Snapdeal setbacks are pragmatic response to a bumpy start-up boom
Snapdeal job cuts deserve just as much attention, because there’s little good in hiring a whole lot of people before firing many of them
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No one should be surprised about job cuts at Jasper Infotech Pvt’s Snapdeal.
The Indian media have chronicled the struggles facing the country’s e-commerce industry, including executive departures and lower equity valuations, and I foreshadowed trouble back in July in looking at rescinded job offers for college students.
Shining a light on these valuation hiccups and stumbles is important for investors, partners, employees and customers.
Job cuts deserve just as much attention, because there’s little good in hiring a whole lot of people before firing many of them. Seasoned venture capitalists advise startup executives that it’s better to control growth than to expand too quickly. While you’ll arrive at the same headcount in the end, the disruption and damage to morale is taxing.
Rationality doesn’t always win, though, as we’ve seen in Silicon Valley with a funding arms race among sharing-economy start-ups like Uber Technologies Inc., Lyft Inc. and AirBnb Inc.
There’s another way to look at the situation. It’s important to remember that the primary goal of a startup’s executive team isn’t to maintain headcount or prop up equity valuations — it’s survival.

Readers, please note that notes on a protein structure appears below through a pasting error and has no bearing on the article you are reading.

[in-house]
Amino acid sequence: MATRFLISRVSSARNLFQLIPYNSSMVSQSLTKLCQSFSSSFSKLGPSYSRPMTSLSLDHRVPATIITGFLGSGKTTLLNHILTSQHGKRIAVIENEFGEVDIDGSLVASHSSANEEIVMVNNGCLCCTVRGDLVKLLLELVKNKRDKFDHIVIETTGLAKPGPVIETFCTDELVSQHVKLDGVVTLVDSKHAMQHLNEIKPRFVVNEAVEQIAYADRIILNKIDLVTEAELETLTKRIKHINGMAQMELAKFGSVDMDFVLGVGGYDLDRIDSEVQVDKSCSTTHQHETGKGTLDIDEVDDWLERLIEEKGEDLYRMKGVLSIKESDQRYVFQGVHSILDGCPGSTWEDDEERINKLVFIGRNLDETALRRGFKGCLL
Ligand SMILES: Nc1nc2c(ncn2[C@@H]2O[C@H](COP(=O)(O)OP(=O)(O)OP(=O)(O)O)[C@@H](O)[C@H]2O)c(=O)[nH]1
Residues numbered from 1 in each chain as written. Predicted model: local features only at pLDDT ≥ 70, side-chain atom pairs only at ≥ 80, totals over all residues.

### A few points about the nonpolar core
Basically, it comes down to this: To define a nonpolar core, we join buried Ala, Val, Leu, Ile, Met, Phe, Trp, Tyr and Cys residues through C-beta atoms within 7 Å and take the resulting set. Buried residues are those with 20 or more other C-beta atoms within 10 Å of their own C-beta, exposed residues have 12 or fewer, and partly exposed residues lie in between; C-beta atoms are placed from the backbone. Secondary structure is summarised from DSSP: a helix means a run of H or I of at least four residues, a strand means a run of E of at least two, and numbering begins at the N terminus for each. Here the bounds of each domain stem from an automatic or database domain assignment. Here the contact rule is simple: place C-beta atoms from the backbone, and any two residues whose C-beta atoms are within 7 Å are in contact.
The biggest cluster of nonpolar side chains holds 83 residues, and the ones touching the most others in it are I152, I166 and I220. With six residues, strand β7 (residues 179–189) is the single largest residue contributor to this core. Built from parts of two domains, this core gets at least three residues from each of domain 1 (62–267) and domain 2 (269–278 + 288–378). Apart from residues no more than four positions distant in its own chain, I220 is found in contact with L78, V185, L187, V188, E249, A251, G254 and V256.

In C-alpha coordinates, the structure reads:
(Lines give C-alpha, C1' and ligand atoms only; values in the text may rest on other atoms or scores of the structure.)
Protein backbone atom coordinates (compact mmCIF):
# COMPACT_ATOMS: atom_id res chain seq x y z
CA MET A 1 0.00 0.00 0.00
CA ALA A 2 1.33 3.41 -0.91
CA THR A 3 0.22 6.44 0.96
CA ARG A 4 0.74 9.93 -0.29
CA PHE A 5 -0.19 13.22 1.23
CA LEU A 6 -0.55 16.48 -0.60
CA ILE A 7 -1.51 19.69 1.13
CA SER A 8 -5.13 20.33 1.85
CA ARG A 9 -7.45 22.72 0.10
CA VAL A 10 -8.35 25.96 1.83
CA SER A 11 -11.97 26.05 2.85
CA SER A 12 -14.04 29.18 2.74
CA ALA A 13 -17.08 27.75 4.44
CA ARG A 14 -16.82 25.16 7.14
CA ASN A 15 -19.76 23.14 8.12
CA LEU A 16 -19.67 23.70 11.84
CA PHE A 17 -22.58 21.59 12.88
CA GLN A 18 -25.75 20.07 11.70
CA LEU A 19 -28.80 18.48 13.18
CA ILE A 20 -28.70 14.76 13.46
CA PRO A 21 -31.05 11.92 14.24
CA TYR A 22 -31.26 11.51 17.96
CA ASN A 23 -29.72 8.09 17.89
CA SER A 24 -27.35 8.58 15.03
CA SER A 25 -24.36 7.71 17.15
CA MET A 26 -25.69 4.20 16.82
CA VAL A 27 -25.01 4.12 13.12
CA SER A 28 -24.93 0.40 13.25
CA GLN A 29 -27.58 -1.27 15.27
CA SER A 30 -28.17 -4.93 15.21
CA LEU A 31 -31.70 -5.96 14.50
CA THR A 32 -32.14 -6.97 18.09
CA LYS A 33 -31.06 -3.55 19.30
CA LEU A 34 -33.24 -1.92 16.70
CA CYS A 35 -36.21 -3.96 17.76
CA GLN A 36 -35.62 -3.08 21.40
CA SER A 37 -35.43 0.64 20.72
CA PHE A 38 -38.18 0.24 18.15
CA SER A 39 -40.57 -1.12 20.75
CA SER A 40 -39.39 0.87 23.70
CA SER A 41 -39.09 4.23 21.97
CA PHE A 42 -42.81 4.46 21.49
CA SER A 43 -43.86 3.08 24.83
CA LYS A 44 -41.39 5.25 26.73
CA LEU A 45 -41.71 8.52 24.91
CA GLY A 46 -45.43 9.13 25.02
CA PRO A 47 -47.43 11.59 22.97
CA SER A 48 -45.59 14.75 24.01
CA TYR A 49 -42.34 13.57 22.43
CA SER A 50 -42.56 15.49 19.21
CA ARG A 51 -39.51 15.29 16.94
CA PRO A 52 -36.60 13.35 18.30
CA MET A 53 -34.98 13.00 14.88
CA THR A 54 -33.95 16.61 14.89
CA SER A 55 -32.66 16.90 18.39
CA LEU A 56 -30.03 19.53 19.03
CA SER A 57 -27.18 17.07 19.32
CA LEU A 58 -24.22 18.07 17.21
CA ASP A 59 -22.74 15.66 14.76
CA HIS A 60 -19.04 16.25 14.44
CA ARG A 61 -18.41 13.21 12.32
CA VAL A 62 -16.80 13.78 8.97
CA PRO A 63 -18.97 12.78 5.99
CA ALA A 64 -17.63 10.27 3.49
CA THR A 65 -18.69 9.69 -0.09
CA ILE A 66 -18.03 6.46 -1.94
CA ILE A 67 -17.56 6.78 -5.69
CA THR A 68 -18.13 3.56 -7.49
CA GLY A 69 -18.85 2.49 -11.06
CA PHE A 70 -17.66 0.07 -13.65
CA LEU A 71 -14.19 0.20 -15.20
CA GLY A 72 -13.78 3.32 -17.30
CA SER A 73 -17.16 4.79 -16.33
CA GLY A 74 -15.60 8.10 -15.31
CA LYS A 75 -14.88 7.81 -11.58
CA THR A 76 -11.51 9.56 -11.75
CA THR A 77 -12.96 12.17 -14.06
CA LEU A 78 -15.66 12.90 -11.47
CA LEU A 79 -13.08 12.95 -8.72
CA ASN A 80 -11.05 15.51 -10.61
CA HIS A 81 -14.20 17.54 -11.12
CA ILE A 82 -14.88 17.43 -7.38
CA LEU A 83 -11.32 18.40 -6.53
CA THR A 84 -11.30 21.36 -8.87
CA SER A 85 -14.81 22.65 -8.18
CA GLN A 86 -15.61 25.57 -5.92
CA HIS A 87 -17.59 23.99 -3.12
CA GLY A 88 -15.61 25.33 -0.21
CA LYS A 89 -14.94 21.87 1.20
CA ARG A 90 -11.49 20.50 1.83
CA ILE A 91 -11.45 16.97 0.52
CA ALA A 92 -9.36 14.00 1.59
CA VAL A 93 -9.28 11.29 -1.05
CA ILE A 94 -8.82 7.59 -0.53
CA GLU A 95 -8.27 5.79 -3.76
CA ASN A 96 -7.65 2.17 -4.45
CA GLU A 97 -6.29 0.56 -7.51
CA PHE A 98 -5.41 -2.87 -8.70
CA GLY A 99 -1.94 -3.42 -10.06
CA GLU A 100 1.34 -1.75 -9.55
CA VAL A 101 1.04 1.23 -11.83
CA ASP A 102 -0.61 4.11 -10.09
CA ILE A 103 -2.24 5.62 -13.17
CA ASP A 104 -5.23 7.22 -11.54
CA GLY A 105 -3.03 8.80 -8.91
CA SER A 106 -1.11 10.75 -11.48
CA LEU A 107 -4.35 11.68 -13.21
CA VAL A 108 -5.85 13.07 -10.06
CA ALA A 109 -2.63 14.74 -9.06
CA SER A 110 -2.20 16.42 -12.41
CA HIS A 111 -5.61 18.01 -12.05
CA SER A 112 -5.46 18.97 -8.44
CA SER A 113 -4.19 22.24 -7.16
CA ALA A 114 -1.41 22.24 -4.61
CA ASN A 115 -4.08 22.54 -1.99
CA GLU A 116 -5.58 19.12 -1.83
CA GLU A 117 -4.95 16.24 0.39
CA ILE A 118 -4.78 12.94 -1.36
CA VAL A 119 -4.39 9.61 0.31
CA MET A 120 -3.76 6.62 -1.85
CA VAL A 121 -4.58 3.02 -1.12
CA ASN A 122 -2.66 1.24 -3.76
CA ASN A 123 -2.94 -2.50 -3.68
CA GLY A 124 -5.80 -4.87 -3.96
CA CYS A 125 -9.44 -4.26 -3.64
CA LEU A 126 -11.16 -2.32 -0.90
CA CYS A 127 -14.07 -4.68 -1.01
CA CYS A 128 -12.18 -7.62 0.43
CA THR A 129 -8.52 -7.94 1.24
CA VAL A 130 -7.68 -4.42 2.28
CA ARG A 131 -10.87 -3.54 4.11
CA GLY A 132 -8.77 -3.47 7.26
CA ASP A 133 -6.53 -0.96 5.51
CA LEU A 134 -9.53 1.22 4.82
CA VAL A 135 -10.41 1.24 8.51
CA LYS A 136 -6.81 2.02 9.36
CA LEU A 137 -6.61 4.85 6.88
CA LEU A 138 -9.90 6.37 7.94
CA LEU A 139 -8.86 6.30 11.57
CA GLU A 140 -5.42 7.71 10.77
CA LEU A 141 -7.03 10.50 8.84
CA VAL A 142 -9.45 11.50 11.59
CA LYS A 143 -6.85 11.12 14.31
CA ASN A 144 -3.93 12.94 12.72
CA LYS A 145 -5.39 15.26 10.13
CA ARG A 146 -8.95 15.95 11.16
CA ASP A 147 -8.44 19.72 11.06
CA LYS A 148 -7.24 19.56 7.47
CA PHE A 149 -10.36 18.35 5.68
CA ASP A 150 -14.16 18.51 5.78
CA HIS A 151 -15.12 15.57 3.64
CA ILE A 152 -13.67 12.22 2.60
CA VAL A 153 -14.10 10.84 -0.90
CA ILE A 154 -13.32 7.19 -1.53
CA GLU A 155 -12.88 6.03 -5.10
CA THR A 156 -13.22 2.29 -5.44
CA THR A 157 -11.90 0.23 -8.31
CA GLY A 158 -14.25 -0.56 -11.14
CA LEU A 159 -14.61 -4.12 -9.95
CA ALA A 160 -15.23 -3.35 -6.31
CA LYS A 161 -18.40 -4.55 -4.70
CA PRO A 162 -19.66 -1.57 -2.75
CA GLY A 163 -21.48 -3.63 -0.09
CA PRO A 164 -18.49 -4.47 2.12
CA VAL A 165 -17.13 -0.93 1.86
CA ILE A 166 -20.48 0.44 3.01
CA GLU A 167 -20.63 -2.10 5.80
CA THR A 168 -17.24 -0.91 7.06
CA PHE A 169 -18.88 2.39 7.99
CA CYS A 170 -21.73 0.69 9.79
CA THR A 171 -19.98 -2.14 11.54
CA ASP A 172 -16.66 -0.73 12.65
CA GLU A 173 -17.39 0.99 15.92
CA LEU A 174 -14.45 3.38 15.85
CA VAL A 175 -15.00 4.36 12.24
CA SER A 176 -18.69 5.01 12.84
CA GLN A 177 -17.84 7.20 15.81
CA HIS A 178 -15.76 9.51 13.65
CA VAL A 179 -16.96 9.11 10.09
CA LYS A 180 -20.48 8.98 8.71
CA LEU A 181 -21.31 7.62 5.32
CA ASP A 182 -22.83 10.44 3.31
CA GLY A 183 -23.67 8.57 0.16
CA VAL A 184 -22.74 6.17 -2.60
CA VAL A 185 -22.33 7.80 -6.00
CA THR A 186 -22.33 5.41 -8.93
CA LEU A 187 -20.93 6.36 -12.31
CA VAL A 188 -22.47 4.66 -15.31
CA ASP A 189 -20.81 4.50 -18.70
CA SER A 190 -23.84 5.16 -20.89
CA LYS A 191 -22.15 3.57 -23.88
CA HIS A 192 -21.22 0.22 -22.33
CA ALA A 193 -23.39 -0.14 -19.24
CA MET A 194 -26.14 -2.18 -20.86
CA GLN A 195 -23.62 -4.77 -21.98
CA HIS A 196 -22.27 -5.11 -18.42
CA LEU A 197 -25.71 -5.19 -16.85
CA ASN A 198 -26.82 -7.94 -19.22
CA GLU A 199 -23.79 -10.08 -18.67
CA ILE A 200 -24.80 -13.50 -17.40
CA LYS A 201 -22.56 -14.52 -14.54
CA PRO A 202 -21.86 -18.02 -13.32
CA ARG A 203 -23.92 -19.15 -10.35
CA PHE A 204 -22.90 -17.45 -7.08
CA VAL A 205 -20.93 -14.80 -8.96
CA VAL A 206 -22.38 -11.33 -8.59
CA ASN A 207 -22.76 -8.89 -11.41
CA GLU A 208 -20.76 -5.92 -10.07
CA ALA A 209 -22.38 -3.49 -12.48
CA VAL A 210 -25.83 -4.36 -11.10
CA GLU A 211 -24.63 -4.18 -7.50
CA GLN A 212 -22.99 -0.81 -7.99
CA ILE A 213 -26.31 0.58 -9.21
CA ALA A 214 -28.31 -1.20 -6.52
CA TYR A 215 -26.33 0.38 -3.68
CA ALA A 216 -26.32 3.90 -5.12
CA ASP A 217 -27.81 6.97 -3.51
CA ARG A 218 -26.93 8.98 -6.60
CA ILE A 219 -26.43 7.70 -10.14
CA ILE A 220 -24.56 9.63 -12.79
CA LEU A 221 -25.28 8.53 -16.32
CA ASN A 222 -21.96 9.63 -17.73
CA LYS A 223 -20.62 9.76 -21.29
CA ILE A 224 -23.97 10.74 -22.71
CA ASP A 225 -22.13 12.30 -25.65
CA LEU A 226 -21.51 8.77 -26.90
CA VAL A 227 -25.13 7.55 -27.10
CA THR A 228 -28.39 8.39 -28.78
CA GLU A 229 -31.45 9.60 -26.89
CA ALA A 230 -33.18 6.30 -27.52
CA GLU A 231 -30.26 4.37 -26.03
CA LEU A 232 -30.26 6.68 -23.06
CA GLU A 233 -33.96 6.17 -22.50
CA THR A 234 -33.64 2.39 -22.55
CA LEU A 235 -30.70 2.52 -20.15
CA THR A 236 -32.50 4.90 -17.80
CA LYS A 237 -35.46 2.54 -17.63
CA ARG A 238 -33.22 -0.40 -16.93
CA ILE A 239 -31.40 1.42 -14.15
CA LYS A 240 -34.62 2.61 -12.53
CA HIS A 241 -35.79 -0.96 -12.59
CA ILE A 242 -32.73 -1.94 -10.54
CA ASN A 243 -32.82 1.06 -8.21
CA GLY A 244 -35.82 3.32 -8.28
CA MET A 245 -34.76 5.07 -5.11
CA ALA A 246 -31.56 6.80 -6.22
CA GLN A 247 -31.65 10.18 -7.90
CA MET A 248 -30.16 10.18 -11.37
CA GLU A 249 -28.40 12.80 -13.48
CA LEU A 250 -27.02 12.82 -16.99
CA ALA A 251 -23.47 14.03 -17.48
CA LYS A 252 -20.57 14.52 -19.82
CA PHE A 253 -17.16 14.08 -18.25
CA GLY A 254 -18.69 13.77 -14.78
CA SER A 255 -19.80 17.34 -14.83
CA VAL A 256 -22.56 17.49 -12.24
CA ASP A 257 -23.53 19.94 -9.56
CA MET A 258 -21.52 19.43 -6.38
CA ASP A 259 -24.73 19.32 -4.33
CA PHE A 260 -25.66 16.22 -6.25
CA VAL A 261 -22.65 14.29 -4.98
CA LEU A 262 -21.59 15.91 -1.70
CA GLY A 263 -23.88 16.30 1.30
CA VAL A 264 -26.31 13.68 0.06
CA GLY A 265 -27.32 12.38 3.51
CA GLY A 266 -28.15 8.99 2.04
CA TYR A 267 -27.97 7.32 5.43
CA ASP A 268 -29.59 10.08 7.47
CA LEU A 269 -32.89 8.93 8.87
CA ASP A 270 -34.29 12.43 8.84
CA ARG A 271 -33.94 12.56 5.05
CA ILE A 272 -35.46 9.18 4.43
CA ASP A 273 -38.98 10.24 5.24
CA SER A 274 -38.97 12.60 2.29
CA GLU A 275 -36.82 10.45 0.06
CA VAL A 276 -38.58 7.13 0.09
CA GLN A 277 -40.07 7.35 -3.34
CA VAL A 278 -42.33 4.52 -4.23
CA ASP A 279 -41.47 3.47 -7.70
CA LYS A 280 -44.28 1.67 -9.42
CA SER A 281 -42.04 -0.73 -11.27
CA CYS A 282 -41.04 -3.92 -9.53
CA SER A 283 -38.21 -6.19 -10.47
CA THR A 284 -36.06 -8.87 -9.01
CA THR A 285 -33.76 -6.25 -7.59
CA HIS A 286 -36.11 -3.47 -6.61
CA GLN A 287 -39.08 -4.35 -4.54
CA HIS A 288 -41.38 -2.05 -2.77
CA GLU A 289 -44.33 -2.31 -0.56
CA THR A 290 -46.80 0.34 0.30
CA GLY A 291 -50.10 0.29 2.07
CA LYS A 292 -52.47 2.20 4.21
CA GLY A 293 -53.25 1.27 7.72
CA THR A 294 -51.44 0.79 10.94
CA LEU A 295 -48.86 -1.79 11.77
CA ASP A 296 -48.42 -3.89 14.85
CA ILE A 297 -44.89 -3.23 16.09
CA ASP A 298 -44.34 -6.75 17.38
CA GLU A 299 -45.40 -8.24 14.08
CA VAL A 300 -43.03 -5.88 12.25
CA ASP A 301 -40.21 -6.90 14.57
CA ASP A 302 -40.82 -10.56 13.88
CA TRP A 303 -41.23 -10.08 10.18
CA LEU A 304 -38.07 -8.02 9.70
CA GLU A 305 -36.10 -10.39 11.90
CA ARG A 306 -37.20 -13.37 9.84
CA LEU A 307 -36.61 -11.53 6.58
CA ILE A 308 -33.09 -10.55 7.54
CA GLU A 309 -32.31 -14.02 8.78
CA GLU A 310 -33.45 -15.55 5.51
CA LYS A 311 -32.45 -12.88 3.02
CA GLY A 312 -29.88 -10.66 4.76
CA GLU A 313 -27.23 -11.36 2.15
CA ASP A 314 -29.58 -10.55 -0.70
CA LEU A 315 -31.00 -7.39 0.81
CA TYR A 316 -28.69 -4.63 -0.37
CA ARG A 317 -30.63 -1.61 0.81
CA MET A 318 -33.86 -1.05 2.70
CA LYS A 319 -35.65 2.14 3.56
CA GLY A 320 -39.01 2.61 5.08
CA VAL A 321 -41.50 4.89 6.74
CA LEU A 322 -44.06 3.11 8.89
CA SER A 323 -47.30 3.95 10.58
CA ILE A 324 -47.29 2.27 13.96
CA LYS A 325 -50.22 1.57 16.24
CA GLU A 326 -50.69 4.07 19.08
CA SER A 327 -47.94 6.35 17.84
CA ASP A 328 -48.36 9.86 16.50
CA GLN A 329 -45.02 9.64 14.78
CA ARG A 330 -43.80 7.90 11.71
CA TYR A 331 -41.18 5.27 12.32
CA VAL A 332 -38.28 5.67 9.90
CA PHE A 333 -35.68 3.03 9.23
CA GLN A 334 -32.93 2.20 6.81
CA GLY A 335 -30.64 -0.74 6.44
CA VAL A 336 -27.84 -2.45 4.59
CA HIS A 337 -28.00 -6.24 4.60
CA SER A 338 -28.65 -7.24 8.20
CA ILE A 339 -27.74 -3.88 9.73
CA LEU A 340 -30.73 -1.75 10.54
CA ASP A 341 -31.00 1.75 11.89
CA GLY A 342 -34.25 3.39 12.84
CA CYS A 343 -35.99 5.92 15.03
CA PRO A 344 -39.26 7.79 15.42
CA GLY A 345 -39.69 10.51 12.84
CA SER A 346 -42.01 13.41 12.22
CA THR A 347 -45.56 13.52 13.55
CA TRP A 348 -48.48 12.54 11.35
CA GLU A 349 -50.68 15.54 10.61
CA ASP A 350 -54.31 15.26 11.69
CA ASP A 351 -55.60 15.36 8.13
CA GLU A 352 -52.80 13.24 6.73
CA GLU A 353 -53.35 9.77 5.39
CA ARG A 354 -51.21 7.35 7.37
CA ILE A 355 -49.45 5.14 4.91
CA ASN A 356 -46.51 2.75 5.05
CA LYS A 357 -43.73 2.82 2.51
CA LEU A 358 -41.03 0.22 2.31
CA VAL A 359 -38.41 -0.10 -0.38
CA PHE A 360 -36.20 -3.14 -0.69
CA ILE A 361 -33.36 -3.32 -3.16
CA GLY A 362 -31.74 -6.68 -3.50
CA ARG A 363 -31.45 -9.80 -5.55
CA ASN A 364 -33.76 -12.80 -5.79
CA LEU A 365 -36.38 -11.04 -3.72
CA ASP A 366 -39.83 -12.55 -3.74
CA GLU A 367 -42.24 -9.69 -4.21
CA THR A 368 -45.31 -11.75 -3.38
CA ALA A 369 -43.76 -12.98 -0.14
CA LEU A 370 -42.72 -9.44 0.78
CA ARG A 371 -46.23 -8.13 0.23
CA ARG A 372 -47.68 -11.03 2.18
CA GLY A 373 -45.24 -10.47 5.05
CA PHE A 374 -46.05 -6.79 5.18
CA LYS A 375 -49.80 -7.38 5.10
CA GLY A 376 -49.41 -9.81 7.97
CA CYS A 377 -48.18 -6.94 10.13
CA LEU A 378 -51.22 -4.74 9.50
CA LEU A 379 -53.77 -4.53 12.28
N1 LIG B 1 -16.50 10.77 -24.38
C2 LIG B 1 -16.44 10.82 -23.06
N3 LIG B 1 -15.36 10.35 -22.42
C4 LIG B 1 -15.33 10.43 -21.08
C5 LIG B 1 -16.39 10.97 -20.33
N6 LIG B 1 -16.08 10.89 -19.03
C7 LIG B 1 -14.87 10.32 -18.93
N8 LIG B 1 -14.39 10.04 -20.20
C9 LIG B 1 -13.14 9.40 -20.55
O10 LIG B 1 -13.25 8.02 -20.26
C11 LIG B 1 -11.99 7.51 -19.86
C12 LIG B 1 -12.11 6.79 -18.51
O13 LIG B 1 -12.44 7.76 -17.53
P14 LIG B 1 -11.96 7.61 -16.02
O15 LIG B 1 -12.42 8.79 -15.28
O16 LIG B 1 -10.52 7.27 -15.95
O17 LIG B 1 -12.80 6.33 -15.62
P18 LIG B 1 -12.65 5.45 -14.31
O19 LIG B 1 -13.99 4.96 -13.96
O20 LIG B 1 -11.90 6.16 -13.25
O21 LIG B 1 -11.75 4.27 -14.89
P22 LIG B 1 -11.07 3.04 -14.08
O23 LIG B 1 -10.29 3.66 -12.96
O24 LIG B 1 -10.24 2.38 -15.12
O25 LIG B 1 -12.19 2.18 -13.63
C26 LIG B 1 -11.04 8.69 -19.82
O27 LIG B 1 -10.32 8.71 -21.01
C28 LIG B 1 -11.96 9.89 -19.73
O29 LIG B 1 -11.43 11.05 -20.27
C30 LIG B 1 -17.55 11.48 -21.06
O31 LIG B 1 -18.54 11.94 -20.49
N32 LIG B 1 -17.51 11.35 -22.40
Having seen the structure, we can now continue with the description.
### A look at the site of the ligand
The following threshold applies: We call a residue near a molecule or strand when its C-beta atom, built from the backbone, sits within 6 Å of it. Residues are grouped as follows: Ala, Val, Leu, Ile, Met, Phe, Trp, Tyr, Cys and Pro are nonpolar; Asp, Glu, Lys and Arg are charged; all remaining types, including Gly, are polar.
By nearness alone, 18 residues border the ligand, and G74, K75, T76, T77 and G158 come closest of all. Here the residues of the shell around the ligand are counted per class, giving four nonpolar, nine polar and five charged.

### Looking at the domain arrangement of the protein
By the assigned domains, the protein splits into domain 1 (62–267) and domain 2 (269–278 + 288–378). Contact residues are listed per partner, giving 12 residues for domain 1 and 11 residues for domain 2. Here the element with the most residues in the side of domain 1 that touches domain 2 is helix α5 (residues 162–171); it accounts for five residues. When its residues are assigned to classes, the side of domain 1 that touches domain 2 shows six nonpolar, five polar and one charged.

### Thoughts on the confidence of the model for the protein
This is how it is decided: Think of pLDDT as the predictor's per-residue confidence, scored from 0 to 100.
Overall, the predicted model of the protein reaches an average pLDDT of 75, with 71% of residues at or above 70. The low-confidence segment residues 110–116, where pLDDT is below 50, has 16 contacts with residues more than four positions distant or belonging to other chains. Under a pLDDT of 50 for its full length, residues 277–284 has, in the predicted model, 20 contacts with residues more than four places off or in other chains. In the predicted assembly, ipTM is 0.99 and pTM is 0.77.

Starting a new company from scratch is a risky business. Far more fail than succeed.
After raising billions of dollars at home and abroad, Indian start-ups are struggling to turn the country’s growing e-commerce industry into profits, forcing some investors to reassess their worth and prompting managers to cut costs. A Morgan Stanley mutual fund, for example, lowered its valuation of Flipkart Online Services Pvt by 38% in the September quarter.
Online retail, electronic payments and ride-sharing are here to stay, so despite all the pain and disruption the only real question is which companies will hang around and which won’t. We already know that it’s not necessarily the biggest and strongest that survive, but those most adaptable to change. Bloomberg